So, given I signed that contract last week, I guess I spent the weekend feeling a bit a "buyer's remorse," as I tend to think of it. I'll get over it.
On Saturday, I go to Australia, via Hong Kong, to visit with my mother for a week. Meanwhile, I have an immense amount of work to do–grading papers and all that.
I was walking to work earlier, and a former student from RingGuAPoReom, John, ran up to me yelling "teacher teacher" and gave me a warm and completely spontaneous hug. That was a good feeling, to be missed, but there was a comic sadness to it too. John was always the class clown, and there was a component of clowning in his actions, as he was with a number of other students when he did this, probably from his new academy setting. But it was heartwarming nevertheless.
-Notes for Korean–
=I do as I please
(I heard this, and have no idea if I've transcribed it accurately–I'm not able to parse it as it stands, though)
마음=spirit, idea, heart, fancy, mood, intention, inclination, feeling, interest
사실=evidence, "as a matter of fact…", so: actually
자다=sleep, so: 자, 자자=(ja, jaja)="c'mon, let's go to sleep."
I finished watching 달자의봄 (Dal-ja's Spring). So far, this is the Korean drama I've liked most of all the ones I've tried watching–as I mentioned before, it's edgier, by far, than any of the others, despite its sappy, romantic core plot elements.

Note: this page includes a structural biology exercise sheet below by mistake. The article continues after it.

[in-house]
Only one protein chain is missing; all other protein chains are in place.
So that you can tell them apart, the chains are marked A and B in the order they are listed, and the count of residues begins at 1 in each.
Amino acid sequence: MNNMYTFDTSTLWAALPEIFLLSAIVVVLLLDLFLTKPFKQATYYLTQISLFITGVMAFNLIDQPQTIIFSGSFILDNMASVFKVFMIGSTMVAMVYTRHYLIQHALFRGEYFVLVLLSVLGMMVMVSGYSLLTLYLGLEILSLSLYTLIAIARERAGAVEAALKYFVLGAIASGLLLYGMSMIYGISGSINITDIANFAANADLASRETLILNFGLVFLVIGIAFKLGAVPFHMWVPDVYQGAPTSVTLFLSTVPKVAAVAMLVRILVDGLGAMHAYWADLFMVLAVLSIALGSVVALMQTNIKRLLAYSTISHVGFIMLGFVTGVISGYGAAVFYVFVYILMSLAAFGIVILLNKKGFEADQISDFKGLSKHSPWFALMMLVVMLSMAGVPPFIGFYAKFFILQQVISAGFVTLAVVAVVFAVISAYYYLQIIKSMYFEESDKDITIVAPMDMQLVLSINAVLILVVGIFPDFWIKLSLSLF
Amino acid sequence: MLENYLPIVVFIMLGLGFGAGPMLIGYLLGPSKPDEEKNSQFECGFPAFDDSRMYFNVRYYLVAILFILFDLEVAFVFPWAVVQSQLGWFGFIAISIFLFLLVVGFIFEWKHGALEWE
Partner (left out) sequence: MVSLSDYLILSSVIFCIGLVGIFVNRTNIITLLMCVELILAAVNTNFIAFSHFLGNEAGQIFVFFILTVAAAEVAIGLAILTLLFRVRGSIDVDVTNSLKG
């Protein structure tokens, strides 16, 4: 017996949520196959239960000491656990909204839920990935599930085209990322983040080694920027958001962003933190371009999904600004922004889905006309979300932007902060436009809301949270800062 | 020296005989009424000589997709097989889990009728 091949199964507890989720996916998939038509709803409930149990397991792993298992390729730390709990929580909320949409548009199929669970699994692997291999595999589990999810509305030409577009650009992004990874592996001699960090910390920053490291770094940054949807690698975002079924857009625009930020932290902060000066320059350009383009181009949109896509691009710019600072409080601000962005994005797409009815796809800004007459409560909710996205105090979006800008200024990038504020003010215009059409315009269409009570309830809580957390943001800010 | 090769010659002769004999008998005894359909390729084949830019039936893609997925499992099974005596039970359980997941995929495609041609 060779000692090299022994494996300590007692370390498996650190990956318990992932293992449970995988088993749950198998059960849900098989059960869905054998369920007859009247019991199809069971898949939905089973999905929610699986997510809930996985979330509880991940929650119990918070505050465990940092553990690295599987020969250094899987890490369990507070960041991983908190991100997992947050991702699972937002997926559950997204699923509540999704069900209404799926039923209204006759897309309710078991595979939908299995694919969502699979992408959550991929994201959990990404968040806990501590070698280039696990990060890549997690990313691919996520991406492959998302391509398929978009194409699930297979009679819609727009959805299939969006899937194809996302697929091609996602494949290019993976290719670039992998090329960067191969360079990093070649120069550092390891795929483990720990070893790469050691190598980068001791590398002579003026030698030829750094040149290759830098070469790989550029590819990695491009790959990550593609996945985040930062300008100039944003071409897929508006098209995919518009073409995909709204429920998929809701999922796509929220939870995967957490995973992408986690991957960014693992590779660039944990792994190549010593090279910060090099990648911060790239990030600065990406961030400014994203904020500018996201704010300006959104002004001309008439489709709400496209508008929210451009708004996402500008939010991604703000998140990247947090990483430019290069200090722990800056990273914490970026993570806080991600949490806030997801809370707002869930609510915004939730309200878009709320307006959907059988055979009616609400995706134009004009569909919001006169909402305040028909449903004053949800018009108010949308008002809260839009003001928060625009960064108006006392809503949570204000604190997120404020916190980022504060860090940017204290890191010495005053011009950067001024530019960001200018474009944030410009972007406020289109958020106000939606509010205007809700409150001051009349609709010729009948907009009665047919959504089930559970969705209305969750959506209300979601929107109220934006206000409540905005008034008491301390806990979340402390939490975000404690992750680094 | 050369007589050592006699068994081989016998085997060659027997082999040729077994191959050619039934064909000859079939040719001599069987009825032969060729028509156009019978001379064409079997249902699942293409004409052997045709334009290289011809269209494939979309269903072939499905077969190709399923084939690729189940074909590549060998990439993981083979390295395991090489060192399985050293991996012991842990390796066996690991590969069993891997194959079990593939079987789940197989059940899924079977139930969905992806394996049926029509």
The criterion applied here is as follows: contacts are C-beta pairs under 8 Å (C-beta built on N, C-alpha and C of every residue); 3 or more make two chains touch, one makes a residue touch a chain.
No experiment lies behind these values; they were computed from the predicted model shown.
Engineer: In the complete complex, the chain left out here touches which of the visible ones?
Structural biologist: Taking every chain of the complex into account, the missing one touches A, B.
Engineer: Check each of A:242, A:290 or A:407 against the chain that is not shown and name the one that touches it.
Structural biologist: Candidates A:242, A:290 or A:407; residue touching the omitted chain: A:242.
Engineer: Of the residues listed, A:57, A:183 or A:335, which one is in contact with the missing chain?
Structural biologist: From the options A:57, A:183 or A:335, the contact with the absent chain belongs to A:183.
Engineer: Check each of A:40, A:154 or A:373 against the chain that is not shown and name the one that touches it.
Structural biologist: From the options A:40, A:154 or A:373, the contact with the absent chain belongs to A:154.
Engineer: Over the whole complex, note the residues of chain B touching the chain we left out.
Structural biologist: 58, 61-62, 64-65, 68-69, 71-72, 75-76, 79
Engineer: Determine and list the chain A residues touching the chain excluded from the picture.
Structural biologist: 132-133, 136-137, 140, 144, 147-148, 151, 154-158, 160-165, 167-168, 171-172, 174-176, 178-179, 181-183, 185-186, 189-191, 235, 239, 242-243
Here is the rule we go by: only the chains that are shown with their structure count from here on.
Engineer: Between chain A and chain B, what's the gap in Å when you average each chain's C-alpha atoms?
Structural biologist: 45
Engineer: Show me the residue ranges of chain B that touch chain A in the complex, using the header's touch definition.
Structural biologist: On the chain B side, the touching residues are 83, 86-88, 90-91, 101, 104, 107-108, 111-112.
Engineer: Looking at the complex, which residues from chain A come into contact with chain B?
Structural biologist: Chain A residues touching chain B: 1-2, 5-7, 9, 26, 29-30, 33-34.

My favorite character in the drama is 강신자 (Kang Shin-ja, played by actress 양희경=Yang Hui-gyeong–see the picture below). Part of why I like this character (and/or the actress who plays her) is because she speaks a very clearly enunciated, slow, methodical Korean, which is easier to understand than most that I hear on tv shows. Whether this methodical Korean is part of the character, or inherent to the actress's personality, I'm not sure. Regardless, I enjoy listening to her clipped, slow syllables.
The character herself is kind of intriguing, too: a hyperbole of Korean stereotypes about the middle-aged female middle-manager. She's quite hilarious, without ever being silly or undignified. And in the end, you realize she's a very sympathetic character, too. I wish they'd made more of the fact that she turns out to be the male lead's aunt, but she kind of drops out of the last episodes.